In exploring the fundamental issues related to the deployment of more autonomous spacecrafts, there are several categories that drive the level of autonomy: The examples given are by no means meant to be an exhaustive list but rather to provide a context in which spacecraft autonomy makes sense in light of the overall mission, and becomes an essential part of the mission, rather than simply a technology demonstration or experiment.
In addition to the direction of these primary space organizations, other mission requirements are also driving the need for increased autonomy onboard spacecrafts including such things as the need for robotic explorers to deal with uncertainty in their environments, and increasing the potential of the science return on missions such as planet or asteroid fly-bys.
On the other side of the spectrum, mission constraints such as limited bandwidth or intermittent communications between the spacecraft and ground controllers, and limited funding for mission operations, especially for long-term missions, are also increasing the need for more autonomous spacecrafts.
SCL has continued to evolve since its initial development and has since flown on several missions including BMDOs Clementine mission, and John Hopkins Universitys Far Ultraviolet Spectroscopic Explorer (FUSE) mission.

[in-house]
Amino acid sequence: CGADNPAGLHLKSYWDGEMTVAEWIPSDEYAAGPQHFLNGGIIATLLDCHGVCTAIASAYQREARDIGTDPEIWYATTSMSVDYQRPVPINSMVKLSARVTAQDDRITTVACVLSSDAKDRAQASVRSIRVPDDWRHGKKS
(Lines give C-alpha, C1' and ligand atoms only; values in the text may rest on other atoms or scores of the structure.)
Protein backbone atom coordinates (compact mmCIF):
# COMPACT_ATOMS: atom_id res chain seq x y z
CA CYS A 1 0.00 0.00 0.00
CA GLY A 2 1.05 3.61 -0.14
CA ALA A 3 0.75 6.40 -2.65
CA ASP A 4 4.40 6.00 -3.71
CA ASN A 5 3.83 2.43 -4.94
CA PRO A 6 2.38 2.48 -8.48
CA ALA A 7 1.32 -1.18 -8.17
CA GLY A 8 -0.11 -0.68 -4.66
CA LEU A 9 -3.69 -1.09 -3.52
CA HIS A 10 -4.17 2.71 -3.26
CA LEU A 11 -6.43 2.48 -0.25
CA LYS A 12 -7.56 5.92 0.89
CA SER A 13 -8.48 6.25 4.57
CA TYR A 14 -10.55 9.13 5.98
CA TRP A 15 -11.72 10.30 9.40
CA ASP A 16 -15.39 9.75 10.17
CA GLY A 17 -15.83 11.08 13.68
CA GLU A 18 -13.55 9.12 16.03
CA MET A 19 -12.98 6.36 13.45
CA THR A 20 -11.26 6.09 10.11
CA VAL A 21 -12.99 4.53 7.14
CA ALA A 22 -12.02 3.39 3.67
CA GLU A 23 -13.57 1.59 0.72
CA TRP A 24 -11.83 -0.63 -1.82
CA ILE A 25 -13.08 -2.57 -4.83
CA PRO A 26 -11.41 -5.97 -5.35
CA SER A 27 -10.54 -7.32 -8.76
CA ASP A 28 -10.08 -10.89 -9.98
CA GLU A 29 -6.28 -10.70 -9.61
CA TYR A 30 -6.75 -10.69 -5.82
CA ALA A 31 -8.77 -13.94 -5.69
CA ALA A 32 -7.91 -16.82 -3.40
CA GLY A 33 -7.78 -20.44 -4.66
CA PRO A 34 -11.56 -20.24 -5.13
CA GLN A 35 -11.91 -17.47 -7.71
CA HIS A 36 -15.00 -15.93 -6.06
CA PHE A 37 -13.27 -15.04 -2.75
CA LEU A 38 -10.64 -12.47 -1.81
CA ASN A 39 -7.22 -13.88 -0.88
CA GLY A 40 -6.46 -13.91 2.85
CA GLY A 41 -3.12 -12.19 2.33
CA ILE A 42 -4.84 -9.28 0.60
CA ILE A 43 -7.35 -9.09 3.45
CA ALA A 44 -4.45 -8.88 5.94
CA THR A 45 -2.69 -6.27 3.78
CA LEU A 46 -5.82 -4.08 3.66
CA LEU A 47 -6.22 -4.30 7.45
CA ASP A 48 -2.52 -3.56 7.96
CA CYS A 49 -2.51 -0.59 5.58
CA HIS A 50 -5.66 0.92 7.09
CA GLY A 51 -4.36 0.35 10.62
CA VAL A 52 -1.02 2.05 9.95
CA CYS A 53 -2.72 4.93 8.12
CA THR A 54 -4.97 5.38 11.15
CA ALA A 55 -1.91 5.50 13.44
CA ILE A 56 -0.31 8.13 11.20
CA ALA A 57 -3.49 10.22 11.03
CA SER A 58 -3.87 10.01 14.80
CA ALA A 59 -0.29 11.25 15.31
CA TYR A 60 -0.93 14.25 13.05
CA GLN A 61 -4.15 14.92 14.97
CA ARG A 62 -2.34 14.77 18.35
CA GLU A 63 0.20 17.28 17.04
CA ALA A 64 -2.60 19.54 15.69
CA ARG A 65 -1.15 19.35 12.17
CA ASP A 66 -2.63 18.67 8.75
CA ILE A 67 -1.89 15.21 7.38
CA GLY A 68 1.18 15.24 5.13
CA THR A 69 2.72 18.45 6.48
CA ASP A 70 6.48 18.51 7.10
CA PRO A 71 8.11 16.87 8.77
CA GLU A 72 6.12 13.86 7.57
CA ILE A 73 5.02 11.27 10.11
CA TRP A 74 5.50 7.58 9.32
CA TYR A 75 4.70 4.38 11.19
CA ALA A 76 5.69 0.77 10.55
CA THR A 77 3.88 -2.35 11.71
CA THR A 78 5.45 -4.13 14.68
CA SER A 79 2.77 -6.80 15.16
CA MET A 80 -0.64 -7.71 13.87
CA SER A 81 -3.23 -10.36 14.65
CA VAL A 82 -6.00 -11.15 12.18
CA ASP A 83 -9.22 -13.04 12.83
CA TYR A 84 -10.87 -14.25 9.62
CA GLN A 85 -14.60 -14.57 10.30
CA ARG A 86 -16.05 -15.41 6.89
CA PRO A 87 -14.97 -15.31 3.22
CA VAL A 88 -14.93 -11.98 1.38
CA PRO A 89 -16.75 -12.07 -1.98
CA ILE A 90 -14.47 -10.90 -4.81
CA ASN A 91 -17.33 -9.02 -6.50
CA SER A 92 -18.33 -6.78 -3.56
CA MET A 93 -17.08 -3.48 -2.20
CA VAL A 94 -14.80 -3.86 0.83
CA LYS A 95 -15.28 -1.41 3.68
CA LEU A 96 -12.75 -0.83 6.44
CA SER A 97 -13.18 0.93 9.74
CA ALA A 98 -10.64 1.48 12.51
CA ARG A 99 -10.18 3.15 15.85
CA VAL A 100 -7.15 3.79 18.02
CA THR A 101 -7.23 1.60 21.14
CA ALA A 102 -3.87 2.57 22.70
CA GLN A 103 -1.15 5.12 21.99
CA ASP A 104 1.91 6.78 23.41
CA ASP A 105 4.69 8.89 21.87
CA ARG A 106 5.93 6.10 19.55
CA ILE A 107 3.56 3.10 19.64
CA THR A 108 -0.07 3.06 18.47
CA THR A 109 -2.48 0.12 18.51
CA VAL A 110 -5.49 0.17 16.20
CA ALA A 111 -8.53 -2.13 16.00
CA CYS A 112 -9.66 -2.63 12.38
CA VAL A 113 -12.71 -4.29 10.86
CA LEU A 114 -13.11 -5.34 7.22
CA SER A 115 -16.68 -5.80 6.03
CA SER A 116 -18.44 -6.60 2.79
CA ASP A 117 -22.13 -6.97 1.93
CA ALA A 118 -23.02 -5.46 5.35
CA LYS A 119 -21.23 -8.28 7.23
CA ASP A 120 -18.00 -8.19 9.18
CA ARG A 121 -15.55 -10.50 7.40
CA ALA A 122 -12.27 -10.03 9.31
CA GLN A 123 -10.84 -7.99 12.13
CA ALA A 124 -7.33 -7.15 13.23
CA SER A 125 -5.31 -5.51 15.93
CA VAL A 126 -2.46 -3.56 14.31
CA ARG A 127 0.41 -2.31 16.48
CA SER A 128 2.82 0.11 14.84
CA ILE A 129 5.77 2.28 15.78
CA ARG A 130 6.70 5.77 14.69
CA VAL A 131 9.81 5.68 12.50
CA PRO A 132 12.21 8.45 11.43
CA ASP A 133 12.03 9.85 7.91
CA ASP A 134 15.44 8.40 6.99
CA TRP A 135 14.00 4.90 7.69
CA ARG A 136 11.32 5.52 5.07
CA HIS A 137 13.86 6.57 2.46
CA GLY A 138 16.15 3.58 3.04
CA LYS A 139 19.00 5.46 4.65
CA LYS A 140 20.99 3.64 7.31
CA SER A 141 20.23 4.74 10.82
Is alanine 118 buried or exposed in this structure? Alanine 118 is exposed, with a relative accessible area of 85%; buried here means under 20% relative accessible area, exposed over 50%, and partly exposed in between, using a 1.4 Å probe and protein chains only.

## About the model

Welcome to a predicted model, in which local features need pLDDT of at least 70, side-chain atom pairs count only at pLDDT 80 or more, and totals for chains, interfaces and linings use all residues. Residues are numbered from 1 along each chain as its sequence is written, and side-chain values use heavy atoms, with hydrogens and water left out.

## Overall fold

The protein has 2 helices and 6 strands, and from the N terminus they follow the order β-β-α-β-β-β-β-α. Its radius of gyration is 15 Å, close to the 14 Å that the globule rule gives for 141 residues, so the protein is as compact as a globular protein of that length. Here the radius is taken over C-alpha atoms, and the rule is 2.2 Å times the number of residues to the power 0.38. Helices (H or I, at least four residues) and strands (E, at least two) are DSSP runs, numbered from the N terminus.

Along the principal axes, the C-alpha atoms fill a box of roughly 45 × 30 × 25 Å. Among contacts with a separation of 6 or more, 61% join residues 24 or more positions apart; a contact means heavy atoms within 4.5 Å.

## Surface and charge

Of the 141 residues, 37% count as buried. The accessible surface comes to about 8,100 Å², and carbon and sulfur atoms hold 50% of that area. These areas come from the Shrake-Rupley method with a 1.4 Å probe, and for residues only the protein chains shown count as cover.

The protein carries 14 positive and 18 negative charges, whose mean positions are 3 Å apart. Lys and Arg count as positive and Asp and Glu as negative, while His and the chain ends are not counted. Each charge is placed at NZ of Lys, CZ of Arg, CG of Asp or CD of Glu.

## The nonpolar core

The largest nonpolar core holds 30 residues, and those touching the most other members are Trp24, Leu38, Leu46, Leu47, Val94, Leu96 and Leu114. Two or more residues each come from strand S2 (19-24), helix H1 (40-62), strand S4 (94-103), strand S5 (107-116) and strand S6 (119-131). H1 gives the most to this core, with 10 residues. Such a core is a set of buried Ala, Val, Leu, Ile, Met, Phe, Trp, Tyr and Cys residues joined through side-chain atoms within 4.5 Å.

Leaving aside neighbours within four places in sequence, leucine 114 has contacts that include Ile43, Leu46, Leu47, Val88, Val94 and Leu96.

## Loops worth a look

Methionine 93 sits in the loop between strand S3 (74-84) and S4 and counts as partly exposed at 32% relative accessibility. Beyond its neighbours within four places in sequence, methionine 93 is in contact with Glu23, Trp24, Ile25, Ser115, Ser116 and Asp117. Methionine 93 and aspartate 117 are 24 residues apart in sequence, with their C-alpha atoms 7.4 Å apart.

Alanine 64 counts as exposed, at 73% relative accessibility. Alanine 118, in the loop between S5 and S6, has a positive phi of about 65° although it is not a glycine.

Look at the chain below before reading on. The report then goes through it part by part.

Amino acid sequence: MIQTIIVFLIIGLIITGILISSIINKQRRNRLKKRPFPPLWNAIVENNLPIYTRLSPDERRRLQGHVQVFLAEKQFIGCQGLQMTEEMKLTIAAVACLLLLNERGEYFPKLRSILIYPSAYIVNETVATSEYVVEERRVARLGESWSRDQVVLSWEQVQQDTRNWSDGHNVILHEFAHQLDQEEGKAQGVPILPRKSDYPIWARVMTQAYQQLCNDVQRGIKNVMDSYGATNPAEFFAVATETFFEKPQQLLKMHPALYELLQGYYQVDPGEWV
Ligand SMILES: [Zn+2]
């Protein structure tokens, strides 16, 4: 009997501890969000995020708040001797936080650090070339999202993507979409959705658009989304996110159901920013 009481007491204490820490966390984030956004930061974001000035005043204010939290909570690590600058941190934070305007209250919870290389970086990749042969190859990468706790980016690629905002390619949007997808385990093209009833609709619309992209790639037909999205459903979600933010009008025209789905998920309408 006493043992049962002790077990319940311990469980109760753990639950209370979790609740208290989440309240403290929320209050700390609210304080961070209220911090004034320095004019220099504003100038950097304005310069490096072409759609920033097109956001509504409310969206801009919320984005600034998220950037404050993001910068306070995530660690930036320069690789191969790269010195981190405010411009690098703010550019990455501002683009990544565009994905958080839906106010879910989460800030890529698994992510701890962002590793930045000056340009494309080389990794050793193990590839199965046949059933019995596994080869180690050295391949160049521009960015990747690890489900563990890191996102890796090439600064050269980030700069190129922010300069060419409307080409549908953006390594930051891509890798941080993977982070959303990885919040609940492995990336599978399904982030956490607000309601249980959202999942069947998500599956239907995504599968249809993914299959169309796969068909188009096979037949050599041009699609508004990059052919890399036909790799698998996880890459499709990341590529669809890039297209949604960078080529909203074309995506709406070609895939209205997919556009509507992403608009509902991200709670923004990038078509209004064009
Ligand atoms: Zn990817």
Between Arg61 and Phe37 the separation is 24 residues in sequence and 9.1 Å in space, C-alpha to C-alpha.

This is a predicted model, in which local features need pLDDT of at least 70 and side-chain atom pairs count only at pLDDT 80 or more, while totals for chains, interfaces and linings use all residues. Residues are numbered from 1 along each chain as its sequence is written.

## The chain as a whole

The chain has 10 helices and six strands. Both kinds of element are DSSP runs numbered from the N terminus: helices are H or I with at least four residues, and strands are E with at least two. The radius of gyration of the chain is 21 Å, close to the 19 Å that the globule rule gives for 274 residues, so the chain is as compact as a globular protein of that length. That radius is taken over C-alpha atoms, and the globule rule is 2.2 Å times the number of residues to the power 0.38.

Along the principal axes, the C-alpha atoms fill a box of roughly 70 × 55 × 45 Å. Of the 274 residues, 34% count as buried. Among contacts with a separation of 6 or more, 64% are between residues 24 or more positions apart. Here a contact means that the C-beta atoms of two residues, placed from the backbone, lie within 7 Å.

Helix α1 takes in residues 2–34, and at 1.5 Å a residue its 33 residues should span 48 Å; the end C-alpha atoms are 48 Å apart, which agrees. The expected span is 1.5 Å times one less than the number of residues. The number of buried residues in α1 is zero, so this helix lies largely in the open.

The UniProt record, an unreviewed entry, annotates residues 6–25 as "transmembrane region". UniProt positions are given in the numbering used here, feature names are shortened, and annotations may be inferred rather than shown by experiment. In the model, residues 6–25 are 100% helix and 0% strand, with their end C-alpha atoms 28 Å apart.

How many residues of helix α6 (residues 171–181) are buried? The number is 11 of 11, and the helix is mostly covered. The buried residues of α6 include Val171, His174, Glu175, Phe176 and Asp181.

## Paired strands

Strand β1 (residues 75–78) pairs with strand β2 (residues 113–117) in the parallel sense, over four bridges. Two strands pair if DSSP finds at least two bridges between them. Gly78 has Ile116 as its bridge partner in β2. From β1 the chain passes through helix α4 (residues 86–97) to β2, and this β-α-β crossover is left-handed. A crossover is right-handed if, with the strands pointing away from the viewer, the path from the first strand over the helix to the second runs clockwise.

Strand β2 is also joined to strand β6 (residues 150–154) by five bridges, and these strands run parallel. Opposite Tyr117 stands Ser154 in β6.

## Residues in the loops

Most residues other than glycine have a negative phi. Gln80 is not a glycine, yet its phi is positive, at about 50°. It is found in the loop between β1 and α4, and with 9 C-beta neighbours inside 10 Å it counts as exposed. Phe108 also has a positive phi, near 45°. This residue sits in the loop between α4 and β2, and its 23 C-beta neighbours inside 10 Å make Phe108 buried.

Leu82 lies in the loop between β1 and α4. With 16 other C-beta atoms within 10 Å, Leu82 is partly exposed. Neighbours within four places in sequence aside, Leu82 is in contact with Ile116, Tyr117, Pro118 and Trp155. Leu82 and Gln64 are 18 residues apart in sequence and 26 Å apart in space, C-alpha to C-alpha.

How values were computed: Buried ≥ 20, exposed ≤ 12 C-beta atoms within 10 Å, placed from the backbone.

In January of 1994, the BMDO launched the Clementine spacecraft.
Driven by the mission requirements associated with the deployment of more sophisticated spacecrafts, satellite constellations, and robotic explorers, the need for increased autonomy onboard the spacecraft is becoming essential.
The Autonomous Operations Scheduling (AOS) experiment executed during lunar orbit 303, in which control of the Clementine spacecraft was turned over completely to the onboard flight software, which successfully completed the operations required for this orbit.of this paper proposes extensions to these accomplishments to date, that would increase the overall reliability of flight software architectures and provide an approach for systematically inserting this software technology into the mainstream of spacecraft development, integration and test, and operations.